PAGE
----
The others, however, did not suffer from Joseph’s absence.  Unlike Benjamin, they had participated in selling Joseph, and wanted to get rid of this ‘dreamer’ forever.  Joseph therefore kissed them and wept with them, too, in order to reassure them, but he didn’t ‘fall on their necks’.  When Joseph gets to meet Jacob, though, he ‘wept on his neck excessively’.

Jacob sets off to meet Joseph in Egypt.  On the way there, he stops in Beer Sheba to slaughter sacrifices, in the same place that his forebears had sanctified, in order to ask Hashem for permission to go to Egypt.  He also went to harvest the eshel trees which Abraham had harvested there.  What was the reason for this?

Joseph was now supporting the whole world.  Jacob asked himself, “By what virtue did my son merit to sustain so many people and attain such great honor?”  When he got to the eshel tree, the place where Abraham had provided free food, drink and lodging for travelers, he understood that Joseph’s unique position was a reward for the hospitality afforded by Abraham.  Our Sages add, “When someone is charitable, G-d provides him with the funds to do even more”.  In addition, the wood from the eshel would be used to make the central beam for the Mishkan.  This beam would unite all the Mishkan’s planks into a single structure.  This symbolizes the unity that Jacob desired for his sons.

Jacob sends his son Judah ahead of him to Egypt.  The Midrash tells us that Judah’s mission was to establish a yeshiva there, to prepare for Jacob’s arrival.  Jacob did this to prepare a place of holiness in the impure land of Egypt, so that G-d’s Presence would have somewhere to dwell.  But why did Jacob choose Judah for this task and not Levi, (the Jewish people’s future teacher of Torah) or Yissachar, whose wisdom the Torah praises?  The answer is that Jacob had already decided to hand over the leadership to Judah, and wished to teach him a lesson about government: that religion and state must not be separated.  It is the king who must see to spreading Torah and observance amongst the Jewish people, and it is he who must go before the people, teaching and establishing yeshivot.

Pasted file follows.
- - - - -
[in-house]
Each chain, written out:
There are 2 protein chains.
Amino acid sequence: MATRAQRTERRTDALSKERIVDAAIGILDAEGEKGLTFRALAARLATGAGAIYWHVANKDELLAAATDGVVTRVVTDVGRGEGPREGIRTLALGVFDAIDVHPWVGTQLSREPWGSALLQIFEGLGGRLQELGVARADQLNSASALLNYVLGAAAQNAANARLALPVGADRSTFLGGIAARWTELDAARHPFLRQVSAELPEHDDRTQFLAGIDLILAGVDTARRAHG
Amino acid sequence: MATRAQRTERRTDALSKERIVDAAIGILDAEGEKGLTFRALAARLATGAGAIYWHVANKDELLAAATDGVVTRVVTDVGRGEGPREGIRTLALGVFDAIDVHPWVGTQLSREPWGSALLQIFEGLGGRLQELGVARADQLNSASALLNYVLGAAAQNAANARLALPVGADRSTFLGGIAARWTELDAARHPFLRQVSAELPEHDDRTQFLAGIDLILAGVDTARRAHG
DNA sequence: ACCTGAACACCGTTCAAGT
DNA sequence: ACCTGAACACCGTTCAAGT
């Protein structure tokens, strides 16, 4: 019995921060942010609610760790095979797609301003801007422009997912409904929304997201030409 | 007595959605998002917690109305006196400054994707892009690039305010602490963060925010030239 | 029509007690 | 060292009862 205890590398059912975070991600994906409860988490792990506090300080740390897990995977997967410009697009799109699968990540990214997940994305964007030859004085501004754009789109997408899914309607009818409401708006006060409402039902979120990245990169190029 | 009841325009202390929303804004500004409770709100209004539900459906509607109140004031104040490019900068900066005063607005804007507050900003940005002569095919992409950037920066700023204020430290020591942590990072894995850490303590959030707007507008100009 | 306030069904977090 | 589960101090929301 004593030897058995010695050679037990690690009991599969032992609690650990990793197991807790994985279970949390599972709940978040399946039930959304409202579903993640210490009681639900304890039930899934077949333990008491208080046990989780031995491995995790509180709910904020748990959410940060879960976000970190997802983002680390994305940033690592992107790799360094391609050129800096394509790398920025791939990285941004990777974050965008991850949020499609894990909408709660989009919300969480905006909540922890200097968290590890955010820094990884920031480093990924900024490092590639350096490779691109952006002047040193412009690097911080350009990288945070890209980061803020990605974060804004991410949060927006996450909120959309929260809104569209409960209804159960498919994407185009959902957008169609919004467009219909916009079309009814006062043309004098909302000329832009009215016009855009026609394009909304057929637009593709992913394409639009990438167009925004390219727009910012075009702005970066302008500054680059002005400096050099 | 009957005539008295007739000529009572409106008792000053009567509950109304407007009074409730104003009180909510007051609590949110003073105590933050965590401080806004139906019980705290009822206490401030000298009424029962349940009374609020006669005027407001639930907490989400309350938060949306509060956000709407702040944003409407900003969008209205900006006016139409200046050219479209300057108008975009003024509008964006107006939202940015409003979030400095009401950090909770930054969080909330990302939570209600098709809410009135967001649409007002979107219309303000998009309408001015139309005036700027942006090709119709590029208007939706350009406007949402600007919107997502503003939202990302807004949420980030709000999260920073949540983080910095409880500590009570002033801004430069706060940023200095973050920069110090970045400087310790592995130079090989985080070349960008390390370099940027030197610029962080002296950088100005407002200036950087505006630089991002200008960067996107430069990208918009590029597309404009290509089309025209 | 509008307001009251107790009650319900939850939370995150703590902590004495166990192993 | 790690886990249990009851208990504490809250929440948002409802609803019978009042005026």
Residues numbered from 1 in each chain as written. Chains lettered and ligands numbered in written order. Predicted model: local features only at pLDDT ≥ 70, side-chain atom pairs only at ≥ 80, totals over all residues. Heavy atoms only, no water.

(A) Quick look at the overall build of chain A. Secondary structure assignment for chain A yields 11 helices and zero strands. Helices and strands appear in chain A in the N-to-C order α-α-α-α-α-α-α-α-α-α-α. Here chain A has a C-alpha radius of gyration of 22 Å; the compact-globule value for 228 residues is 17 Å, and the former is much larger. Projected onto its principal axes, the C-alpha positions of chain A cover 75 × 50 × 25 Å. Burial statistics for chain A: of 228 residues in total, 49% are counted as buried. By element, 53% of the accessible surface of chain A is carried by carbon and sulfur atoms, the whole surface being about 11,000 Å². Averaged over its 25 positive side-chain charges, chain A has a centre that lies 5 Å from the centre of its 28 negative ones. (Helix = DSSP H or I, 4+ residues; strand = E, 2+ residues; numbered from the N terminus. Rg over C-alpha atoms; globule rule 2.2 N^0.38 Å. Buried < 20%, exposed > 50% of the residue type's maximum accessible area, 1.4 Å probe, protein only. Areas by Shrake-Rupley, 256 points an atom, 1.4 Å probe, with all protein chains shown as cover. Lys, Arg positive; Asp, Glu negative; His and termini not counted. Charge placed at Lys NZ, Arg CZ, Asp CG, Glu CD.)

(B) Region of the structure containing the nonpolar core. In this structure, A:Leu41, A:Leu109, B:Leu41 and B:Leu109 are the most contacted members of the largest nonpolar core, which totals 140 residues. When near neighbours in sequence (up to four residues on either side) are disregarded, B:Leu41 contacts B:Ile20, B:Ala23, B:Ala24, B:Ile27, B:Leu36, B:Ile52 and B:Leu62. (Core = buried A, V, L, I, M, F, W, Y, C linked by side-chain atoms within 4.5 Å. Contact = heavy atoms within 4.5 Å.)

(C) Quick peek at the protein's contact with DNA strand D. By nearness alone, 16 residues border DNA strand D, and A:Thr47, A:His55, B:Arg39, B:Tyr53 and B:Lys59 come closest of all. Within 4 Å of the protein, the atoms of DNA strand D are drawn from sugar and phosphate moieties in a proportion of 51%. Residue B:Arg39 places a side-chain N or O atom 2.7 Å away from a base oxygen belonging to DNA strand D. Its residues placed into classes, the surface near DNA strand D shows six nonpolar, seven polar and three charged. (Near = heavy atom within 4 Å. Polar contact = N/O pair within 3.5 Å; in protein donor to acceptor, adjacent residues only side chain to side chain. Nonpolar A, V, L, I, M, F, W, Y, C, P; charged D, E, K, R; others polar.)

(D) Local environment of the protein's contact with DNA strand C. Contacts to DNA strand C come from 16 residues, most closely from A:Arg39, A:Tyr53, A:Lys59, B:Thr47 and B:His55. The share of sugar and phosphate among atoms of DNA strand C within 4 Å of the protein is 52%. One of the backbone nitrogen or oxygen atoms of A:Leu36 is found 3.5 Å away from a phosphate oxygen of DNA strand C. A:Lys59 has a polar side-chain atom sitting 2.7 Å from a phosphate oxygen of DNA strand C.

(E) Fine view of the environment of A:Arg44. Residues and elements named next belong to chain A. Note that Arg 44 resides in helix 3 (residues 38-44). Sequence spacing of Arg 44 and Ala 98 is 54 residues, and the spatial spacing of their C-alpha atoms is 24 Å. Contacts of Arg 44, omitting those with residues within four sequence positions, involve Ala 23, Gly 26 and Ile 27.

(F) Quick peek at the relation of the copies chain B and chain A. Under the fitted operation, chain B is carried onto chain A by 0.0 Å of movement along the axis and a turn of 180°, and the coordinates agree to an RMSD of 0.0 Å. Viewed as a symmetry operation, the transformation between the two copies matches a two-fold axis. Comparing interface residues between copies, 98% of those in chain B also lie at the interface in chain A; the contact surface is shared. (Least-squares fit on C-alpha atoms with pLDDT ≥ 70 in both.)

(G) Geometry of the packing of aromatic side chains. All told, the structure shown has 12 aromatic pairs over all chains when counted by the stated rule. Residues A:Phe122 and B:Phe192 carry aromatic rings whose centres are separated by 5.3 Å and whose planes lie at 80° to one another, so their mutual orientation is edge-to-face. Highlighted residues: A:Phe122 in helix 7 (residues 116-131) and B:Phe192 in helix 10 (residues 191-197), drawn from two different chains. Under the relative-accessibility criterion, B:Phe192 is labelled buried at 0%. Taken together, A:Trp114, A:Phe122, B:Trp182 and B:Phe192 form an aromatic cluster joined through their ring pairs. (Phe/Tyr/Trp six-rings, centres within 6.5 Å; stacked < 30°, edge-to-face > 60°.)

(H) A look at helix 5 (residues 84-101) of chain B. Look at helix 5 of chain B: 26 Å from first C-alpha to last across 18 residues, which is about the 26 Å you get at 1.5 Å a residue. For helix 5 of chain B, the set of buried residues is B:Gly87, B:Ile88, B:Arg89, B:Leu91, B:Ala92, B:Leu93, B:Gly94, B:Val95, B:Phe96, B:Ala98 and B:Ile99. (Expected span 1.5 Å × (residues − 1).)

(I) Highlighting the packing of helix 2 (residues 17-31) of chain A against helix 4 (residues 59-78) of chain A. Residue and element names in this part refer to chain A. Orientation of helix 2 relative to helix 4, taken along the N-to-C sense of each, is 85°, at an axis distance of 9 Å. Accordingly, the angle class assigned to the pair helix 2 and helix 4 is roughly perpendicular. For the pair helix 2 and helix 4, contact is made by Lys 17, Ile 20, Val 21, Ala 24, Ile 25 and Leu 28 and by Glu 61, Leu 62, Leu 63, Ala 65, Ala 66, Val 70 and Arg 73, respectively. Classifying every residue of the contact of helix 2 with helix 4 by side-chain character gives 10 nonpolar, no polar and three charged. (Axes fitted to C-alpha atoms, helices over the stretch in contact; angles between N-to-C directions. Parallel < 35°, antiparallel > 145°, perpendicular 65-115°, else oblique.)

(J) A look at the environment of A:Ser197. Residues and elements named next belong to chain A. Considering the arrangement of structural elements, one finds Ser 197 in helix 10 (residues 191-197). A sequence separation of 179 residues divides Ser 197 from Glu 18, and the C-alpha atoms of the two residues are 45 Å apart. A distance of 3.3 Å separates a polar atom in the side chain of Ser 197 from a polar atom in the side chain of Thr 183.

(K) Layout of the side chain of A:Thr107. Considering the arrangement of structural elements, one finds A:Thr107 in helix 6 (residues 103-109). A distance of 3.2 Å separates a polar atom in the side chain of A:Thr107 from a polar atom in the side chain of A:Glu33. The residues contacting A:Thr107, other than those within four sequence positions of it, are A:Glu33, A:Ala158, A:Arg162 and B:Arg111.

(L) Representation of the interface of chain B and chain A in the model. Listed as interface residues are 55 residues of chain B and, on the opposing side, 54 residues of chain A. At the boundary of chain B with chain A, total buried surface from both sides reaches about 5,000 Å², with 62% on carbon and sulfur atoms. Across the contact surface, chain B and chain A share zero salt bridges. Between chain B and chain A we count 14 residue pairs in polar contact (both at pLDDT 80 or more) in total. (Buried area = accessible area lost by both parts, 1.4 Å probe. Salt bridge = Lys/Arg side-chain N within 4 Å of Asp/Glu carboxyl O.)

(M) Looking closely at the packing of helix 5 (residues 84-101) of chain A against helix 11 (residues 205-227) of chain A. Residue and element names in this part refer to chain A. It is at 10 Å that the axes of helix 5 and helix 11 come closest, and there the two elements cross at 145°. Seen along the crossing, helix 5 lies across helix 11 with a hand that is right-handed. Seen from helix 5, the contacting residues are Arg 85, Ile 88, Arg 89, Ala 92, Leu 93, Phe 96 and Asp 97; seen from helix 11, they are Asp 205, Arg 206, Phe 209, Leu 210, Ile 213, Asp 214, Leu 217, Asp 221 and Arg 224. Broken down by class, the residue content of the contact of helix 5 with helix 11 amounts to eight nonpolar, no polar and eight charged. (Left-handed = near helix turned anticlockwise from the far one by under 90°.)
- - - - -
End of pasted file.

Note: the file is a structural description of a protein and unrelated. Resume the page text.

We have already said that Joseph fell on his father’s neck.  But Rashi tells us that Jacob did not respond as such, because he was busy saying the Shema.  Why pray at this moment?  We are told that as Jacob approached Egypt, he greatly feared the temptation of the Evil Inclination.  There are three remedies for this: Torah study, Shema, and recalling the day of one’s death.  Jacob adopted all three remedies.

Firstly, he sent Judah ahead to establish the yeshiva.  Secondly, when he met Joseph on the Egyptian border, he said the Shema.  But he still did not feel at ease.  He proclaims, “Now I can die.”

The famine raged in Egypt and Canaan (Israel).  In the future, the Egyptians would try to stem the Jewish population growth by enslaving our people.  The same happened after World War Two: thousands of Jewish children from the Holocaust arrived in Iran with valid visas for Palestine, but neighboring Iraq cruelly denied them passage on the way to Israel, saying that Jew and Arab were competing for majority in Palestine, and in the distant future these little orphans might sway the balance in the Jew’s favor, harming ‘Arab interests.’

In this context, Joseph’s compassion was extraordinary.  The Canaanites were queuing up to buy food.  Pharaoh (who owned all the grain) only wanted to sell to the Egyptians, and was happy to see the Canaanites die.  This should have pleased Joseph, as Joseph knew that the Canaanites would eventually be driven out by Joseph’s descendant Joshua, and by letting them starve it would make the job ‘that much easier’.  But Joseph reasoned, “What business do I have with G-d’s secrets?  Here are hungry unfortunates, and I must share my bread with them.  G-d has his won calculations.  Let Him do as He sees fit!”  Joseph then convinced Pharaoh to sell to the Canaanites.  Thus, “Joseph sustained the whole world.”

Ten things you probably never knew about Jacob

1 Esau said to Jacob, “If you don’t let me exit the womb first, I will kill my mother and exit through the stomach wall.” Saying “This one is a murderer from his inception”, Jacob allowed Esau to emerge first (Midrash Hagadol, Bereishis 25:22).

2 Jacob was born circumcised (Avos d’Rabbi Nosson 2:5).

3 Throughout the time that Jacob was in Lavan’s house, G-d did not speak with Jacob (Tanchuma, Vayeitzei 21).

4 600,000 angels rejoiced and danced before Jacob when he left the house of Lavan (Shir Hashirim Rabbah 7:1).

5 Because Jacob went with Esau on the same road, all Jacob’s sheep, cattle and goats died. He had nothing left but a single one-year old lamb in the merit of the Patriarch Abraham (Otzar Hamidrashim 38).

6 If the people of the world knew what a high level Jacob was on at the time that G-d told him, “I shall descend with you to Egypt”, they would have licked the dust for three parasangs around his grave (Zohar 2:5a).

7 Within seven years, eleven sons and daughters were born to Jacob (Yalkut Shimoni, Vayeitzei 25).

8 Jacob’s sons treated him with respect. They tended the flocks while he sat in yeshiva (Sechel Tov, Bereishis 34:5).

9 Until Jacob, there was no illness prior to death. Jacob came and prayed, and there was illness [allowing a person to prepare better for death] (Bava Metzia 87a).

10 Jacob rebuked his sons only when he was near death (Sifri Devarim 2).